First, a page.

|Publication number||US5221013 A|
|Application number||US 07/871,932|
|Publication date||Jun 22, 1993|
|Filing date||Apr 21, 1992|
|Priority date||Jun 2, 1989|
|Publication number||07871932, 871932, US 5221013 A, US 5221013A, US-A-5221013, US5221013 A, US5221013A|
|Inventors||Donald G. Santucci|
|Original Assignee||Dek, Inc.|
|Export Citation||BiBTeX, EndNote, RefMan|
|Patent Citations (5), Referenced by (31), Classifications (5), Legal Events (6)|
|External Links: USPTO, USPTO Assignment, Espacenet|
This application is a continuation of application Ser. No. 593,312, filed Oct. 1, 1990 now U.S. Pat. No. 5,137,160, which is a continuation application of Ser. No. 360,283 filed on Jun. 2, 1989, now abandoned.
The present invention relates to shelving, in particular, to a shelf arrangement adapted for after-market installation in athletic or school lockers.
Lockers of the type used in the athletic or school environment are generally characterized by their relatively narrow width, typically between about 10 and 15 inches, but extended vertical form. Such lockers are designed to facilitate the placement of clothing or outer garments in the locker, such garments often being hung from a hook provided in the locker.
Although a single shelf is frequently incorporated in the upper portion of the locker, the main vertical dimension of the locker remains substantially free from shelving thereby facilitating the unobstructed placement of the previously noted clothing therein.
Lockers, however, often serve less for clothing storage but more as a repository for the vast and assorted collection of books, shoes, sporting accessories, and other items required for the ordinary day-to-day scholastic and extra-curricular activities of student users of the locker. Indeed, in the warmer climates and seasons, apparel storage may be of only secondary interest.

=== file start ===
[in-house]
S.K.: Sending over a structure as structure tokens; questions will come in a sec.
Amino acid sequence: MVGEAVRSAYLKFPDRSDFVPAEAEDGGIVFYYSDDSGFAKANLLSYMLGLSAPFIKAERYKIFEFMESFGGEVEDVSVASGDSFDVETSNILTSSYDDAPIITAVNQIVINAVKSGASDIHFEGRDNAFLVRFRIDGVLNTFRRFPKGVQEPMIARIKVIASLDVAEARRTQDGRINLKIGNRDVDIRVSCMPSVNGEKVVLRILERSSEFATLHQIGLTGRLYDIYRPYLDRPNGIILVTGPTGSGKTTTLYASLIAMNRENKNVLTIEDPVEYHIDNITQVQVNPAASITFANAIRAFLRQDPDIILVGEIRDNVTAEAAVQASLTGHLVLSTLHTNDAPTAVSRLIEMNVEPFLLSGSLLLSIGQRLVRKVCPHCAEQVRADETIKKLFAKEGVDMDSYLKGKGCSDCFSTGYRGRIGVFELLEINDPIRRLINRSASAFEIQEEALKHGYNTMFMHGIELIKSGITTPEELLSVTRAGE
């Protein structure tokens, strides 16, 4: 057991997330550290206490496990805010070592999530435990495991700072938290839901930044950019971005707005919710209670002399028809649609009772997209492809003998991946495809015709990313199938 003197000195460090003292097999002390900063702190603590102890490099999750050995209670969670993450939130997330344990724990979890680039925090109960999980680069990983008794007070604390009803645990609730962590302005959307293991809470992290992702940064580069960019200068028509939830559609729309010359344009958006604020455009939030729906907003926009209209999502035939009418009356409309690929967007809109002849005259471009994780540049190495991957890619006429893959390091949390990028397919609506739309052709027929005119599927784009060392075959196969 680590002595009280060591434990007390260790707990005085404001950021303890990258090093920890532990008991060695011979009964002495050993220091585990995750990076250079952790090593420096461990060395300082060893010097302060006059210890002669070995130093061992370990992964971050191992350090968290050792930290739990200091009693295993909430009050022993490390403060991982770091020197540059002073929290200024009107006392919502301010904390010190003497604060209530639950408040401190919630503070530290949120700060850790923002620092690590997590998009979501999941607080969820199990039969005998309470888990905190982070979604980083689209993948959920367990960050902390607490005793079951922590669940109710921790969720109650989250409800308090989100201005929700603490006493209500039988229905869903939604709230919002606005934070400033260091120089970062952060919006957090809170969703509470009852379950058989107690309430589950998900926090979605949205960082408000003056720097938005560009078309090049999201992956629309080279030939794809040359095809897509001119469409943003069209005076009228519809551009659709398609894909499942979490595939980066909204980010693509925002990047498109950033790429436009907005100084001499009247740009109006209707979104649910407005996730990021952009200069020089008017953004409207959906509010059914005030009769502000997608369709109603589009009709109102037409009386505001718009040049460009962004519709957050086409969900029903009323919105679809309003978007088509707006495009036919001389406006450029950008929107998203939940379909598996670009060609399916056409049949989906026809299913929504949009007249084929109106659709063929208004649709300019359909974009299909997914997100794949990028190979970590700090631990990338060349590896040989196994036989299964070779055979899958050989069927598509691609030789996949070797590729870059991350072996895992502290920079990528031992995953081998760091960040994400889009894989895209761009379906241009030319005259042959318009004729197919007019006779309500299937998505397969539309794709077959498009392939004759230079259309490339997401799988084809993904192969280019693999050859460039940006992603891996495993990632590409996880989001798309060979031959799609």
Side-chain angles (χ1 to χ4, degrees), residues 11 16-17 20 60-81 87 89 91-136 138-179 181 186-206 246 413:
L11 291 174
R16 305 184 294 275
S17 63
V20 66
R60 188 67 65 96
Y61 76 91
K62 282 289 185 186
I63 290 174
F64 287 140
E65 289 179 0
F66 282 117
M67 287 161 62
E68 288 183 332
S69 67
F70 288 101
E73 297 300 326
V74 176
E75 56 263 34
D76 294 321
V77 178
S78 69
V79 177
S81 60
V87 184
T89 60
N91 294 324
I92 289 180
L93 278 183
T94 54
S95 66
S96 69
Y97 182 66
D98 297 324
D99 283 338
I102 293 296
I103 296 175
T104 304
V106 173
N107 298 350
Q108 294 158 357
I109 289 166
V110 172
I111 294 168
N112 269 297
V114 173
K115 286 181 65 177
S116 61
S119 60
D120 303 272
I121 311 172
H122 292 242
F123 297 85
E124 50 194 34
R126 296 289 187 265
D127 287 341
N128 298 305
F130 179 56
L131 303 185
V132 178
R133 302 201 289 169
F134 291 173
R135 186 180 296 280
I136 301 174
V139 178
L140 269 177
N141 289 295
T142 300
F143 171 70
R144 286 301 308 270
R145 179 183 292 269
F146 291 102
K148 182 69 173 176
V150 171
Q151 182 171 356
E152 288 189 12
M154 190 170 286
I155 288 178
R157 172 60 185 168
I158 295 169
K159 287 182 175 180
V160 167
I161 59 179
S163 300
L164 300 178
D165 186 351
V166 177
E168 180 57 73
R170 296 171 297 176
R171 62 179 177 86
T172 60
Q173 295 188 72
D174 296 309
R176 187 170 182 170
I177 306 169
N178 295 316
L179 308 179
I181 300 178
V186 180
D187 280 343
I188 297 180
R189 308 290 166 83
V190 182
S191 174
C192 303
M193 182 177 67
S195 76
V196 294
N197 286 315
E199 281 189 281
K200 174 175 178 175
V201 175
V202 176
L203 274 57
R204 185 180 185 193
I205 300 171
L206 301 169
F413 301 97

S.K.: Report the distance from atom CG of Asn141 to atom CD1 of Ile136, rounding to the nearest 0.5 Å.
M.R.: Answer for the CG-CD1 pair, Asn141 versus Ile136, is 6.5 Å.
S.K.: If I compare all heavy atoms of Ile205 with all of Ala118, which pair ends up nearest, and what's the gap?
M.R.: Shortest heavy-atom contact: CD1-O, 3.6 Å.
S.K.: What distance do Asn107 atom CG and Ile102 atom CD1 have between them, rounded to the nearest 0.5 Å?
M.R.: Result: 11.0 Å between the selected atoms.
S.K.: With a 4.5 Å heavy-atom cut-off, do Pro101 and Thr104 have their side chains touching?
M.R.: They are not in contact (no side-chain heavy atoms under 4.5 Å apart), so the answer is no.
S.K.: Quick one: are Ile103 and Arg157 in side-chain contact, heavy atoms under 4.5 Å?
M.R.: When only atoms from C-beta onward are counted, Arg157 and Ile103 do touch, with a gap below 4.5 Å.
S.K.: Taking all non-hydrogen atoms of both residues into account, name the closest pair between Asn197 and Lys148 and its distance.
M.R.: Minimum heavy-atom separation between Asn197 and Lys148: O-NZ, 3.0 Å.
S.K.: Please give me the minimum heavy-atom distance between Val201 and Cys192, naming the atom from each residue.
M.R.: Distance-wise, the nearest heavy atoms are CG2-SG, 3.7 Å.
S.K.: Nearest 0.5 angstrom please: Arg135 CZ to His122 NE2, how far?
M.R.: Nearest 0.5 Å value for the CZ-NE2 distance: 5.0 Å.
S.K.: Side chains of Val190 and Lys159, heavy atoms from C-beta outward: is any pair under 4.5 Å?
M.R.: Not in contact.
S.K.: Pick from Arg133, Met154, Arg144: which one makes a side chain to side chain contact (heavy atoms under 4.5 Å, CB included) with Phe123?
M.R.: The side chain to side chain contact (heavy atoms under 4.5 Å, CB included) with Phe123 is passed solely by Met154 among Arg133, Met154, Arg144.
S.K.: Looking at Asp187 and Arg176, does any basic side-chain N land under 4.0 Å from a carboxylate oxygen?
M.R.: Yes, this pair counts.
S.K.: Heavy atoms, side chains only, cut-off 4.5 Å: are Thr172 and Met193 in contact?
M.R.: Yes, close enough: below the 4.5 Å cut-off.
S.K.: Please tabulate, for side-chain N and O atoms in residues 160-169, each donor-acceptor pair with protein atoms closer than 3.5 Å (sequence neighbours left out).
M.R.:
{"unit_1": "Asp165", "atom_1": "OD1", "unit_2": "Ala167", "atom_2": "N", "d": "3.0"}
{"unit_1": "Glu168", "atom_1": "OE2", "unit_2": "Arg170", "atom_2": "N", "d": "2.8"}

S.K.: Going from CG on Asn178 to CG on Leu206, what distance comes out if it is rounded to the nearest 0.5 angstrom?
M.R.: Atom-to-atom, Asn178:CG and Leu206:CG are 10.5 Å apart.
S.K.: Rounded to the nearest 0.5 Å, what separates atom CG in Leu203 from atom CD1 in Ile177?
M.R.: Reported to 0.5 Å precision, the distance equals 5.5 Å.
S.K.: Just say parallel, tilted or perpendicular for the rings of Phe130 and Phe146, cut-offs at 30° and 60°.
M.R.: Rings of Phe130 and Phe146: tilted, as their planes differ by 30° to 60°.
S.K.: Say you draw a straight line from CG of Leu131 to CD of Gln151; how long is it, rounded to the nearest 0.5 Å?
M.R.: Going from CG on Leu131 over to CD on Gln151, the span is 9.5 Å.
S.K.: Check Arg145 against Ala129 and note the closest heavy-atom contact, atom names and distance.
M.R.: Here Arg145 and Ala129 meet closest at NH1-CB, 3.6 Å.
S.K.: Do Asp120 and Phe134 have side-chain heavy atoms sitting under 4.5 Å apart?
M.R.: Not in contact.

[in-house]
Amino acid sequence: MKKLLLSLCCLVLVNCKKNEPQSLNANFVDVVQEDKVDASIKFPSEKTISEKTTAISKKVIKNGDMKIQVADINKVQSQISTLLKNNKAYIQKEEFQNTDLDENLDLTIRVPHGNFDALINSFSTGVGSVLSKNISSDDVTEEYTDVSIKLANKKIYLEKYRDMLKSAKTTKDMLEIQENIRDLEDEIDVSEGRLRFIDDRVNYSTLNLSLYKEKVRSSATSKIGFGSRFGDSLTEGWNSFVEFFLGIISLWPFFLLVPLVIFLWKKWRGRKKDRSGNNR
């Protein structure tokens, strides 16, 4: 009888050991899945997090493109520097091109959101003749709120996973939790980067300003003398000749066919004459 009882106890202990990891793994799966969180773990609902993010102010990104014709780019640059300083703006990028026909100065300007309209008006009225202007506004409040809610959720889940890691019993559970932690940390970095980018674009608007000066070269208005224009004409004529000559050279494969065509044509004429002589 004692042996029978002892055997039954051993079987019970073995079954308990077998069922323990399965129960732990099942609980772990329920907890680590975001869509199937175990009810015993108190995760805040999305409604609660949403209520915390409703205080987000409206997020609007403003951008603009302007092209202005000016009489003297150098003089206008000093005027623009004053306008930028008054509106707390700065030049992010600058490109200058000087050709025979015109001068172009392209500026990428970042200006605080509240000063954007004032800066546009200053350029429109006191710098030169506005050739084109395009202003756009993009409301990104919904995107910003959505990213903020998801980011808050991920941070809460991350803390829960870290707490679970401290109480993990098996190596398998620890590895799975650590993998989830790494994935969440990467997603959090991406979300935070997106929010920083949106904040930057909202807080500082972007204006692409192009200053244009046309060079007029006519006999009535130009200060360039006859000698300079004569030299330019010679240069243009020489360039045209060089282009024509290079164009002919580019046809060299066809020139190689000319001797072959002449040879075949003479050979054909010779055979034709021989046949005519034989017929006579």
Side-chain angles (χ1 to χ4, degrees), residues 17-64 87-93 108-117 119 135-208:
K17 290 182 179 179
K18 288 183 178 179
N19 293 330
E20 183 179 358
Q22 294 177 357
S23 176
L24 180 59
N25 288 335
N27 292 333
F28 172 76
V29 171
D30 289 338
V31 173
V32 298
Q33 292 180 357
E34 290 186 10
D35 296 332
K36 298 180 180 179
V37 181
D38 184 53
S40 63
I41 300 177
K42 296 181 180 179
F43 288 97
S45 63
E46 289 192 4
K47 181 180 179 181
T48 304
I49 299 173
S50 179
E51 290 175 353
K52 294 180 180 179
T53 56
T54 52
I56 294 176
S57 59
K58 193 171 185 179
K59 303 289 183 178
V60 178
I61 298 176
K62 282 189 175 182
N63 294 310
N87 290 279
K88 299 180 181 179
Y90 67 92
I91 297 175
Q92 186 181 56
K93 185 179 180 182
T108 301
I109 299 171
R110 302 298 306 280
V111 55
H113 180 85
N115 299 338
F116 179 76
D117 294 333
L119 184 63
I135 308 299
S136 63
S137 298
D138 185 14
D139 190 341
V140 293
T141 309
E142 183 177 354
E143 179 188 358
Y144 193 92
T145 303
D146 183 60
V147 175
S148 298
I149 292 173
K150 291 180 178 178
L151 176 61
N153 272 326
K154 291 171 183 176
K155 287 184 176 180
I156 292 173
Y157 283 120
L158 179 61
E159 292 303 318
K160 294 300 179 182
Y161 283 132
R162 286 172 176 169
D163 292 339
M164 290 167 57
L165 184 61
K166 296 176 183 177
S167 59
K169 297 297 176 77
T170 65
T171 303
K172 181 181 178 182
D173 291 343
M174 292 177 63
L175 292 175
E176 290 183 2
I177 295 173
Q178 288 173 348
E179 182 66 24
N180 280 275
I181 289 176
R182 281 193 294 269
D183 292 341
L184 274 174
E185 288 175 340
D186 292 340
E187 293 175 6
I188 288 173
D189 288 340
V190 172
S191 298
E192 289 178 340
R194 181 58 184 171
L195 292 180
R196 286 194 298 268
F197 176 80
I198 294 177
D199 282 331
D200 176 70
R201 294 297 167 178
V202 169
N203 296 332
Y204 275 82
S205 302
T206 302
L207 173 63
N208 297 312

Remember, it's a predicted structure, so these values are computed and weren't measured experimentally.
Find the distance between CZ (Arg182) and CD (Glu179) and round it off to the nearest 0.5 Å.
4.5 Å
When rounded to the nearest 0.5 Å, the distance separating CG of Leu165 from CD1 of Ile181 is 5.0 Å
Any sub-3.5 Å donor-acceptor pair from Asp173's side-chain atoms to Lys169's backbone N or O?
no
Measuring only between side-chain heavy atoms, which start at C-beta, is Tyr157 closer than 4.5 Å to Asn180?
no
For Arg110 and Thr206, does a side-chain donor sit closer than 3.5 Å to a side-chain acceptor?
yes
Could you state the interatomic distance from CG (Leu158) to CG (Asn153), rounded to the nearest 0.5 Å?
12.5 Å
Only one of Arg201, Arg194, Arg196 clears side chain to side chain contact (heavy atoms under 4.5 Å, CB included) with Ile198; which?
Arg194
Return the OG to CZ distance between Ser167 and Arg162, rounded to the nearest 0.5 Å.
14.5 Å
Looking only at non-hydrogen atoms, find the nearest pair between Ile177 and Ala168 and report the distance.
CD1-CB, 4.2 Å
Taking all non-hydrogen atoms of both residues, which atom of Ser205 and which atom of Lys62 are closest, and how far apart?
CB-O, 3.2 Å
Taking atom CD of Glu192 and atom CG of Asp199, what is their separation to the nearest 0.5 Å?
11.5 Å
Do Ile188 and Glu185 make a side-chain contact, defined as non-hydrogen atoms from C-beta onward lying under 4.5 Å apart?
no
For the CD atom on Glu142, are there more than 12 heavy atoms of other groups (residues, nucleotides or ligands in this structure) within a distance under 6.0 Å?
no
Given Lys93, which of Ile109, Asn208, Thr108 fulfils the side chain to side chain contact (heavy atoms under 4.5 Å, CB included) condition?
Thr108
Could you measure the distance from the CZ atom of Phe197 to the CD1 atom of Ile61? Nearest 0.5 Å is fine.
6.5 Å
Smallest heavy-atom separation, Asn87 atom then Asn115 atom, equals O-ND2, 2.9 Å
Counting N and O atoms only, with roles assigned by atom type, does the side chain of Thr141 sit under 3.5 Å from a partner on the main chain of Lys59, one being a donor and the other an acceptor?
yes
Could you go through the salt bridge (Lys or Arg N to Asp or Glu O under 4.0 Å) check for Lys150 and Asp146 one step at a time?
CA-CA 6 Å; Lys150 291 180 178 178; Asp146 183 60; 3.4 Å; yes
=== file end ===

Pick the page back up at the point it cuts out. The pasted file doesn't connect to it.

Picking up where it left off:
Not surprisingly, therefore, the conventional locker presents certain problems with respect to the orderly placement of items therein. The storage capacity of the pre-existing top shelf is quickly exceeded with an ever-increasing mixture of assorted paraphernalia being piled in a heap at the bottom of the locker. Such an arrangement not only precludes the effective use of the limited overall locker space but creates understandable difficulties in accessing buried items.
It is therefore desirable that a means for subdividing the locker space into vertical subspaces be available. It will be appreciated that such means, implemented by the present invention as shelving, should be of a character that it may be added, and subsequently removed, with a minimum of effort; by persons of unknown and varied skill levels, for example students; and without requiring drilling or other defacement of the locker.
The shelf system should be effortlessly adjustable in width to accommodate lockers of differing sizes. Further, the system should facilitate the placement of one or multiple shelves and at arbitrary and/or irregularly spaced intervals therein. And, as noted, installation and removal of the shelves should be virtually instantaneous thereby permitting the user to adapt to changing requirements, for example, the need to add shelves to accommodate additional books or, conversely, the need to remove shelves to return the locker to its garment storage function.
Locker shelving is known to the art. All known shelving, however, falls short of meeting the above-described features or requirements in several important areas. One such system, for example, is not secured to the locker walls and, instead, relies on "legs" to provide the necessary support and spacing. Use of legs creates several obvious problems. First, the legs add cost and, equally importantly, assembly complexity. The legs, as packaged for retail sale, are separate members requiring installation to the shelf prior to insertion of the overall assembly into the locker.